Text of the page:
More recently, the Housing Agency published a roadmap entitled Designing Housing to Meet the Needs of All, which has specific regard to the principles of universal design. Of course, all new buildings and extensions or material alterations to existing buildings must comply with the legal minimum performance standards set out in the building regulations, of which part M aims to ensure visibility for all.

To further explore the potential design of accessibility in new housing units and housing more generally, the National Disability Authority is currently preparing policy advice and completing a cost-benefit analysis of achieving universal design solutions in housing action under action 97 of the National Disability Strategy 2017-2021.

My Department is participating in a technical group convened to undertake the development of a comprehensive economic and social evaluation of universal design models. Recently I attended the Oireachtas committee dealing with housing for people with disabilities and-or older persons and the challenges they face. We have significantly increased funding in our local authorities through our mobility grant mechanisms and through those for our older persons to try to support independent living and accessibility in people's homes where they most need it and where the most vulnerable need to be protected. I assure the Deputy we are fully committed to this.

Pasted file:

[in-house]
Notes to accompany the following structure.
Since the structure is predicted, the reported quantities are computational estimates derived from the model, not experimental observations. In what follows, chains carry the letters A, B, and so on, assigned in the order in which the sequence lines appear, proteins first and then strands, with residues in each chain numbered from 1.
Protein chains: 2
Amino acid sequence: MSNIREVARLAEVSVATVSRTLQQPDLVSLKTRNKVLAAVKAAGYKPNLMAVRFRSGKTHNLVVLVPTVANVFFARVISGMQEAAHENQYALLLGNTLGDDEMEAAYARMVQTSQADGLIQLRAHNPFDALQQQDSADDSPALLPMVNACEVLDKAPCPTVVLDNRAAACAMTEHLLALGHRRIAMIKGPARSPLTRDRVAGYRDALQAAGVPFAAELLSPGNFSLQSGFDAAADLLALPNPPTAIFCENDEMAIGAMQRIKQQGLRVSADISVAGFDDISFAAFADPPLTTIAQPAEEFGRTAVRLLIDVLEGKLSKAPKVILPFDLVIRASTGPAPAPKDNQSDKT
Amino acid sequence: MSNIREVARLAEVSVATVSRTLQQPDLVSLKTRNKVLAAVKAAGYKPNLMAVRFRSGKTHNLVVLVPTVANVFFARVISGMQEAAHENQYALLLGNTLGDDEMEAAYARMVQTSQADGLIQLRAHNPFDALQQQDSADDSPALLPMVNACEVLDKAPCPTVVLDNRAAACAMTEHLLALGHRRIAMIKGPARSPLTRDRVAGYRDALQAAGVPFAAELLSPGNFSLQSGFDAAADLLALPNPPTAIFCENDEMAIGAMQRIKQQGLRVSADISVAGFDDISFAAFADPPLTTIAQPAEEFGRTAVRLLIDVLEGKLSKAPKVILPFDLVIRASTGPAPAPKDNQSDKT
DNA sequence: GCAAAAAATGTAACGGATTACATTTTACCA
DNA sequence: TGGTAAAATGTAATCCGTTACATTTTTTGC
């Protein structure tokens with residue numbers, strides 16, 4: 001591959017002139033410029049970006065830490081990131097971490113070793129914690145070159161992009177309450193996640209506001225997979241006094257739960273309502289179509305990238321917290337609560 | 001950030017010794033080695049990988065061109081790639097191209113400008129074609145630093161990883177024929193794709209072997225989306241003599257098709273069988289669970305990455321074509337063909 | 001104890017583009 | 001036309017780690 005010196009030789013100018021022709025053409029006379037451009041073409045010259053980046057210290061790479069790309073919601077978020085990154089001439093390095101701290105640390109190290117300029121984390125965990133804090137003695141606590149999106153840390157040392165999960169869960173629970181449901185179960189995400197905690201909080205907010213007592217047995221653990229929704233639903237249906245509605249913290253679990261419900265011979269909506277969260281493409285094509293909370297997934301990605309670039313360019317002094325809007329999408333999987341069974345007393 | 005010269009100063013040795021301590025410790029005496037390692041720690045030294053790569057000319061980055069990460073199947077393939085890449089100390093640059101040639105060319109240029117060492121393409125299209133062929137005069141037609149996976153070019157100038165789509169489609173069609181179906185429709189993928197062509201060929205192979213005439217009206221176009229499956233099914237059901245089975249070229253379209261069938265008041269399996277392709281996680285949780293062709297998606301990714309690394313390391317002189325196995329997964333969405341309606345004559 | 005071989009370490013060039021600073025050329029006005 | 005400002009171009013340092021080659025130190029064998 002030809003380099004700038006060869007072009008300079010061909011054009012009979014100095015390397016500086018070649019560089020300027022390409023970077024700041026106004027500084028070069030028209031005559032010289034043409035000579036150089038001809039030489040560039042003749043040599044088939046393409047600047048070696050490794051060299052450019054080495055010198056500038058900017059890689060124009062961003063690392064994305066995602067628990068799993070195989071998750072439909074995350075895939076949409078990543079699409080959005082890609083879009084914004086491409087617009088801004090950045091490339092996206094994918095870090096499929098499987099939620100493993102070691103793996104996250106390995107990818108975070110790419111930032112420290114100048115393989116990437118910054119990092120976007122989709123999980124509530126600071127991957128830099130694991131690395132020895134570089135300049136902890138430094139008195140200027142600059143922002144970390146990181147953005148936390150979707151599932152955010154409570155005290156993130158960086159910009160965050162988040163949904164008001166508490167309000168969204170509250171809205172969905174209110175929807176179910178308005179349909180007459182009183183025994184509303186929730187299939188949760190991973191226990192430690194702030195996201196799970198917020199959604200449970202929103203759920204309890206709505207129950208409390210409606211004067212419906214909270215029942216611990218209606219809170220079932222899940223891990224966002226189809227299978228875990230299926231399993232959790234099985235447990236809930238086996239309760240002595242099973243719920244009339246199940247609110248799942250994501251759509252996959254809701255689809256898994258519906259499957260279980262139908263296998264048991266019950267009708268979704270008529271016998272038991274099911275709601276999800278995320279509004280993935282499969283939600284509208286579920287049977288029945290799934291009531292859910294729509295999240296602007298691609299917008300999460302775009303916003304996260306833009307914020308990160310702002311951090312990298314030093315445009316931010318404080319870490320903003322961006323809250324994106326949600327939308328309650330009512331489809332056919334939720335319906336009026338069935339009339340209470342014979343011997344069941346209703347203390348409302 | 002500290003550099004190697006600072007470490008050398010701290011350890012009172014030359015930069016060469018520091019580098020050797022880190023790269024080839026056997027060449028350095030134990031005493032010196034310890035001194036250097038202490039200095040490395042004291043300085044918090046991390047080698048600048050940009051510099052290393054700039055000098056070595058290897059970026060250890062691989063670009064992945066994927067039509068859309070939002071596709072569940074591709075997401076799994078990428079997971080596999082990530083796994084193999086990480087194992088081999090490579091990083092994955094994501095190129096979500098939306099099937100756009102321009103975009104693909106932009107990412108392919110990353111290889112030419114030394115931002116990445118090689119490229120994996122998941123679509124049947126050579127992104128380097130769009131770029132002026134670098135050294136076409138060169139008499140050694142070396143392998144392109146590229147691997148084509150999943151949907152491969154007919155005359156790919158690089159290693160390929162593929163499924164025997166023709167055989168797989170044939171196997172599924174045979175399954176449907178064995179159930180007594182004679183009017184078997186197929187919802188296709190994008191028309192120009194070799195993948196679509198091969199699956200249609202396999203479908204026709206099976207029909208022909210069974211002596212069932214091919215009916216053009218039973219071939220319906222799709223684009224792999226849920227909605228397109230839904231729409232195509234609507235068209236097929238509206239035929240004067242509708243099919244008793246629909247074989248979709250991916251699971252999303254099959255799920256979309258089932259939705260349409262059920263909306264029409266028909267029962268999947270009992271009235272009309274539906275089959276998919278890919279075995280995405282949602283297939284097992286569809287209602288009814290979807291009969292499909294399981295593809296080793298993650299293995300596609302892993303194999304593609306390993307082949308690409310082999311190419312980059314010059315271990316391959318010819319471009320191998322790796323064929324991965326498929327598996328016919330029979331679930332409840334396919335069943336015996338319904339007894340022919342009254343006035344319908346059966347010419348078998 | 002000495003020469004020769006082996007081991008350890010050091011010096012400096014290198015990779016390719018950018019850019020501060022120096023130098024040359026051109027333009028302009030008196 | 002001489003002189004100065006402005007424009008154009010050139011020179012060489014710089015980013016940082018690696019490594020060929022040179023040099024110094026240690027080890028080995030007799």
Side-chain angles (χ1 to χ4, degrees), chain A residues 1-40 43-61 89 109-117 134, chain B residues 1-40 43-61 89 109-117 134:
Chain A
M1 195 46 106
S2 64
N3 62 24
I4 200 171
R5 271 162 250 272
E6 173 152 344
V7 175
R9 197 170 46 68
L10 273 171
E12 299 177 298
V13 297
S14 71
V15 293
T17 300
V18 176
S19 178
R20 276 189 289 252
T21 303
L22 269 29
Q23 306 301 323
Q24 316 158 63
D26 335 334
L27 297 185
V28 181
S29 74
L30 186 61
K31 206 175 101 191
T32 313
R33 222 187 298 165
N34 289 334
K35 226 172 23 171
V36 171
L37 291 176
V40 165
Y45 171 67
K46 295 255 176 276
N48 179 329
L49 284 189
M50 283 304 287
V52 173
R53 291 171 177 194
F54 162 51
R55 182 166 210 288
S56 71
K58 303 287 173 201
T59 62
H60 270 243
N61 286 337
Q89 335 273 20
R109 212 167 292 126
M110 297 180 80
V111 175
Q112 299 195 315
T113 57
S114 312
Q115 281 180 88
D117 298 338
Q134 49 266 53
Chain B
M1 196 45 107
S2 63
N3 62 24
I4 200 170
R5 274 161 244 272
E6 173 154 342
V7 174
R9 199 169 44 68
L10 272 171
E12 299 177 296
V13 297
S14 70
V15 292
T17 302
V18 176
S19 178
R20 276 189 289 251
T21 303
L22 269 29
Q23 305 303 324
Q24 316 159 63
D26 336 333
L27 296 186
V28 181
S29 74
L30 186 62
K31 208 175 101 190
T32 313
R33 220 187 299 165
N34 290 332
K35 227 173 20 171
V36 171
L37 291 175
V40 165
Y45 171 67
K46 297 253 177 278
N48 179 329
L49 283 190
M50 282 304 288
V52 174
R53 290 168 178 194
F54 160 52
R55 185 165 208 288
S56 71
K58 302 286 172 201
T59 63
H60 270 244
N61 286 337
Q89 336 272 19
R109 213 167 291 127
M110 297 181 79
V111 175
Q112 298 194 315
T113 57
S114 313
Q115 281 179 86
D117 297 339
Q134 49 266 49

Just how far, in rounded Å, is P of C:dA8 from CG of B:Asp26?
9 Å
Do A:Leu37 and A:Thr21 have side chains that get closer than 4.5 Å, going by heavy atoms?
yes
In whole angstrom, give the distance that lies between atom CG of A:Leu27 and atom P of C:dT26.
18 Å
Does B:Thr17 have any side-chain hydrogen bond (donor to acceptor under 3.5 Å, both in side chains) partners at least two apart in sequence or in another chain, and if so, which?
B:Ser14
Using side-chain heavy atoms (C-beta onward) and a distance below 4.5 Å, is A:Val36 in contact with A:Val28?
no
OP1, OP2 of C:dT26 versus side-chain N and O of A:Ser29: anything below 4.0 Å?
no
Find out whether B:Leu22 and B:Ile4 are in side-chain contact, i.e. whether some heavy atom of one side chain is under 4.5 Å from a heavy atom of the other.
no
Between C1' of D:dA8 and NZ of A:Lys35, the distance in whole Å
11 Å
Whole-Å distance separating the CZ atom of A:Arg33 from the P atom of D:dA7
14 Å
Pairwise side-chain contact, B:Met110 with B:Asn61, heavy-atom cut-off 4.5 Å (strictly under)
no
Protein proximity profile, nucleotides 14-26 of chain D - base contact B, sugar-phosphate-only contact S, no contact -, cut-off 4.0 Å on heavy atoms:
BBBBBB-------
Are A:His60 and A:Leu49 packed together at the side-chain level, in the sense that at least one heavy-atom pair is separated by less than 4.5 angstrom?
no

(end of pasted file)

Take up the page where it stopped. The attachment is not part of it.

As I go around the country to see the new housing builds, it is incredible to see the future-proof mechanisms attached in each to try to prepare for the future, as families and our needs change. I hope more people have that opportunity to be independently housed in their own homes for longer.

6:30 pm

Photo of Christopher O'SullivanChristopher O'Sullivan (Cork South West, Fianna Fail)
Link to this: Individually | In context | Oireachtas source